Brian and Liz met in law school at the University of Wisconsin, two weeks before Brian’s graduation. Liz, a year below Brian at UW, was on her way to a summer associate position at GPM, while Brian had secured a position at a law firm in Madison. The two remained together for the next year as Liz completed her final year of law school, but they knew they faced a difficult decision; GPM had extended an offer to Liz after she’d finished her summer there, and once she graduated, she and Brian would be living and working four hours away from one another.

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Tamara Olsen hadn’t always planned on being a lawyer. Coming from a family of “farmers, preachers, and teachers” in the Fargo-Moorhead area, Tamara completed her undergraduate at Minnesota State University – Moorhead and taught high school students at North High in Fargo upon graduation.

It was the recommendation of David Flint, one of her political science professors at Moorhead, which led Tamara to take the LSAT. When she showed Dr. Flint her scores, he told her she could apply to any law school she wanted. So Tamara applied to the two schools whose names she recognized at the time: Cornell and Harvard. Thankfully, Harvard said yes. (Years later, Tamara would reflect: “It was just the most naïve, unconsidered path imaginable… but it worked out fine.”)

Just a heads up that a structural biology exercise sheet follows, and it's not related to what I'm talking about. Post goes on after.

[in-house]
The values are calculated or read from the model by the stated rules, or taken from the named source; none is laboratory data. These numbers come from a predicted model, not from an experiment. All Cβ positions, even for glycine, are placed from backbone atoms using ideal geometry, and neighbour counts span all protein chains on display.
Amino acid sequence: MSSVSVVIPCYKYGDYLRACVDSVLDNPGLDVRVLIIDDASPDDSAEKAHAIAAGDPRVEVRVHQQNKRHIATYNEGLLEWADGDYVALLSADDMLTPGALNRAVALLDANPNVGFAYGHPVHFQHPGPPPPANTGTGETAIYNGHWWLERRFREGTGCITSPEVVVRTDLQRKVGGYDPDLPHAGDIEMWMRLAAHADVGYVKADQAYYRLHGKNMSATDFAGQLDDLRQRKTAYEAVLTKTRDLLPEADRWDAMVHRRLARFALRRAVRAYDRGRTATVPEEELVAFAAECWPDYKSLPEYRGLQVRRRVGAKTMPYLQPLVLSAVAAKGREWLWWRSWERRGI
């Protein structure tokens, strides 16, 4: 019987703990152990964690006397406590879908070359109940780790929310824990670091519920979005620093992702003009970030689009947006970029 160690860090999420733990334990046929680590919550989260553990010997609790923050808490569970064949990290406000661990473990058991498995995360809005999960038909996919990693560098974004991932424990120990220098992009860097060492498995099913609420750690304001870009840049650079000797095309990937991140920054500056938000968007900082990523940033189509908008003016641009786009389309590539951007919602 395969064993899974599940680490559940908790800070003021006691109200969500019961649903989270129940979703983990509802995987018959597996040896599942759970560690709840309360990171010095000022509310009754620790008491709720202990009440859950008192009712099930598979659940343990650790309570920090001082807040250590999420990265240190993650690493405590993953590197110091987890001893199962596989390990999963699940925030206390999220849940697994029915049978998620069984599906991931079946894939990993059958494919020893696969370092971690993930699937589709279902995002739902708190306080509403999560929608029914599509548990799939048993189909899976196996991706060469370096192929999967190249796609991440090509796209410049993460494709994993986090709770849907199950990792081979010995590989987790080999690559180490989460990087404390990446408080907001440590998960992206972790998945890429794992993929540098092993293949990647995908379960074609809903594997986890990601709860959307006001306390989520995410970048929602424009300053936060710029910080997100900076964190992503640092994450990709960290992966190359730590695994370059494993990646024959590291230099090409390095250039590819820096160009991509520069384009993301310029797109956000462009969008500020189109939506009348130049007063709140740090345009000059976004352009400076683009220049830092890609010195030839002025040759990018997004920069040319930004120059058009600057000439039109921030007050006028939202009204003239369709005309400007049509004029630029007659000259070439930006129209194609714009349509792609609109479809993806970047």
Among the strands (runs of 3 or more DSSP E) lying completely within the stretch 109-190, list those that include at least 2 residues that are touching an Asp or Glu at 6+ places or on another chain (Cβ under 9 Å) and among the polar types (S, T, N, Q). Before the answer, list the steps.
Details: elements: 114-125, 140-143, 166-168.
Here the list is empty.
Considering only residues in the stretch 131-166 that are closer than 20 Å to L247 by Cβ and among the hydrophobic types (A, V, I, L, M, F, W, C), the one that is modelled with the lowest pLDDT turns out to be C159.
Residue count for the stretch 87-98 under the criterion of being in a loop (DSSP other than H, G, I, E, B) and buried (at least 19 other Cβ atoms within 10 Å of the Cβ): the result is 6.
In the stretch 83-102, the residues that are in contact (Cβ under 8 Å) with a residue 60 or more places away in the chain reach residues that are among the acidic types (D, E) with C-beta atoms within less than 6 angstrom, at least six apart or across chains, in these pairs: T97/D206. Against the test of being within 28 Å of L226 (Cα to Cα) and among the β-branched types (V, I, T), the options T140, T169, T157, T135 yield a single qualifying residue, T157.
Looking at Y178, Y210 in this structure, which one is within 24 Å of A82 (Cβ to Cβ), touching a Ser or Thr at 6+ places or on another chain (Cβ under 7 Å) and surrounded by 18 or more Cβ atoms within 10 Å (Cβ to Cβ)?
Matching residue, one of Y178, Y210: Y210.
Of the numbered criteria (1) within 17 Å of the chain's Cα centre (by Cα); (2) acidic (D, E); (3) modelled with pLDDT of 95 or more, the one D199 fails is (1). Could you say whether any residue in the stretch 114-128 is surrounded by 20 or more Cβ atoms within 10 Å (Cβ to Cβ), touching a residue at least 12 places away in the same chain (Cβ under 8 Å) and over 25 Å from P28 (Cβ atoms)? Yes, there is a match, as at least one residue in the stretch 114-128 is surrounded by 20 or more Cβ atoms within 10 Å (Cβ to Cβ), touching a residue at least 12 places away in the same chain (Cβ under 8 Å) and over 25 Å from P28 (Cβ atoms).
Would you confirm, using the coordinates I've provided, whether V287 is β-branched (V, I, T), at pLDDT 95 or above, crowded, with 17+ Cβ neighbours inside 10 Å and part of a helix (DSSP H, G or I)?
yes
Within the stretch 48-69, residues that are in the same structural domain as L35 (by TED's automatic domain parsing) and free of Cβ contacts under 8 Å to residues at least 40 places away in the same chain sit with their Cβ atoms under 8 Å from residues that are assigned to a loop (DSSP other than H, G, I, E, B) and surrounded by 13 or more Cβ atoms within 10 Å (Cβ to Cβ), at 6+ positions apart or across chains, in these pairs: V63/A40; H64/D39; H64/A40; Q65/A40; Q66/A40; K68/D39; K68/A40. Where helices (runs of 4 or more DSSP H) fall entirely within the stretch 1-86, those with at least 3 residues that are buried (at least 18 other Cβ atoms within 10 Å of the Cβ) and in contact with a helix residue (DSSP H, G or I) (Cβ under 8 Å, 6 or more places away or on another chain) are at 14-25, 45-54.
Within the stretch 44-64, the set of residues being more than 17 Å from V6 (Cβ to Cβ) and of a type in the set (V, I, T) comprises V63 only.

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Following three grinding years of law school, Maisa Frank was finally preparing to begin as an associate at Gray Plant Mooty when she received a startling bit of news. Her start date was being deferred.